For most holiday movies, there is a certain season to which they belong. Love Actually, The Santa Clause, Miracle on 34th Street, Elf, and How the Grinch Stole Christmas are all very obviously Christmas movies. Similarly, Halloween, Hocus Pocus, Halloweentown, Casper, Teen Witch, It’s the Great Pumpkin Charlie Brown, and various other horror films should all be watched in the weeks leading up to Halloween. But, there’s one film that has posed a dilemma to holiday classification: Tim Burton’s The Nightmare Before Christmas.
The cult classic stop-motion film was released in 1993 and has prompted a divisive debate: is it a Halloween or Christmas movie? Looking at the timeline of the story, it begins on the night of Halloween as all the residents of Halloween Town (the creepy creatures in charge of bringing season mischief to Earth) return home to prepare for next year’s holiday. Instead, Jack Skellington, who’s “grown so tired of the same old thing,” decides they should take over Christmas and mayhem abounds as the viewer follows the characters through their twisted version of December 25.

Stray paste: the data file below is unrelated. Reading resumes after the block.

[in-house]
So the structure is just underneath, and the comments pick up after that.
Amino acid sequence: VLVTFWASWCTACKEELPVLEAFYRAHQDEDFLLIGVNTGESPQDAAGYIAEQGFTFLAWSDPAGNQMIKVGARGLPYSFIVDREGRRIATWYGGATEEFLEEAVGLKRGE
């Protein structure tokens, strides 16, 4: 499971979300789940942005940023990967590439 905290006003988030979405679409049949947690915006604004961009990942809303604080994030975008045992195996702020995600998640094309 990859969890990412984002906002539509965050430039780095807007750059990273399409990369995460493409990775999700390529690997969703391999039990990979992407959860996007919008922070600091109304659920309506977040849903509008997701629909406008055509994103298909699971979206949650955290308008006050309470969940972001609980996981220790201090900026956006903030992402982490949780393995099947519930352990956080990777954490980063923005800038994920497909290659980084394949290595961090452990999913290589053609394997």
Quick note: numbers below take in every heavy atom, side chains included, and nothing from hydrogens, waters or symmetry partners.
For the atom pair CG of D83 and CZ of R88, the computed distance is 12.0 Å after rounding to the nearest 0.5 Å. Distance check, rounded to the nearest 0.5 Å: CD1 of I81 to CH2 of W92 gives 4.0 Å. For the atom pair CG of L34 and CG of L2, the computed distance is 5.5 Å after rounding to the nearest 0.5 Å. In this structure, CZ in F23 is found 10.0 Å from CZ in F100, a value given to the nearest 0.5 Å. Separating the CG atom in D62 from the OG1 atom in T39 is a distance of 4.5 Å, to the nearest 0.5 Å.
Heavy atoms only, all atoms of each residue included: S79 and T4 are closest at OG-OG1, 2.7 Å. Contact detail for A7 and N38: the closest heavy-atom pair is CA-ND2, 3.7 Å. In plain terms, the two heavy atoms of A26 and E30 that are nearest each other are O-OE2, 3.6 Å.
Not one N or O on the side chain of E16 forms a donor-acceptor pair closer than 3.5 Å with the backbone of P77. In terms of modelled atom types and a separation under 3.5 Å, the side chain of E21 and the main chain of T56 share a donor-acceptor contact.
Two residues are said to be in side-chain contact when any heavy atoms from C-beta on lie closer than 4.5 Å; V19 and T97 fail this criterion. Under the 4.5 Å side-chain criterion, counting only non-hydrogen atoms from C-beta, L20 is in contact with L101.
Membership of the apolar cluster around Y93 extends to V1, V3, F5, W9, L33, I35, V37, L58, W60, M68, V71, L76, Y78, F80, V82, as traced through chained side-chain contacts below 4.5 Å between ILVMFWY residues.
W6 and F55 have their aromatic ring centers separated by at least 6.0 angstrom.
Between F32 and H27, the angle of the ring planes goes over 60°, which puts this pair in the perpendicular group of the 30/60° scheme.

So, in terms of which holiday the movie focuses on, the clear answer is Christmas. But, The Nightmare Before Christmas also has many hallmarks of Halloween films: witches, ghosts, skeletons, a boogeyman named Oogie Boogie, and a generally creepy tone. Perhaps it’s a Halloween movie!
Last month during a Q&A at the Telluride Horror Show in Colorado, Devin Faraci of Birth. Movies. Death. asked The Nightmare Before Christmas director Henry Selick where he fell on the holiday debate. He said, “It’s a Halloween movie.” Faraci went on to recount that Selick reasoned it was because the movie is about the people of Halloween Town and “how they react to something like Christmas.”
However, I refuse to believe The Nightmare Before Christmas is simply a Halloween movie; it’s a film for both Halloween and Christmas. Though some may rebel against the idea that it can be both a Halloween and Christmas movie, that feels like the most honest answer. It’s a perfect blend of two holidays that seem so very different, but offer joy to people around the world–albeit, slightly different kinds of joy. Since the whole message of the story is to be true to who you are and find happiness in enjoying different things, the film is suitable for both occasions, as well as all the time in between.
Feature photo courtesy of Wikimedia Commons.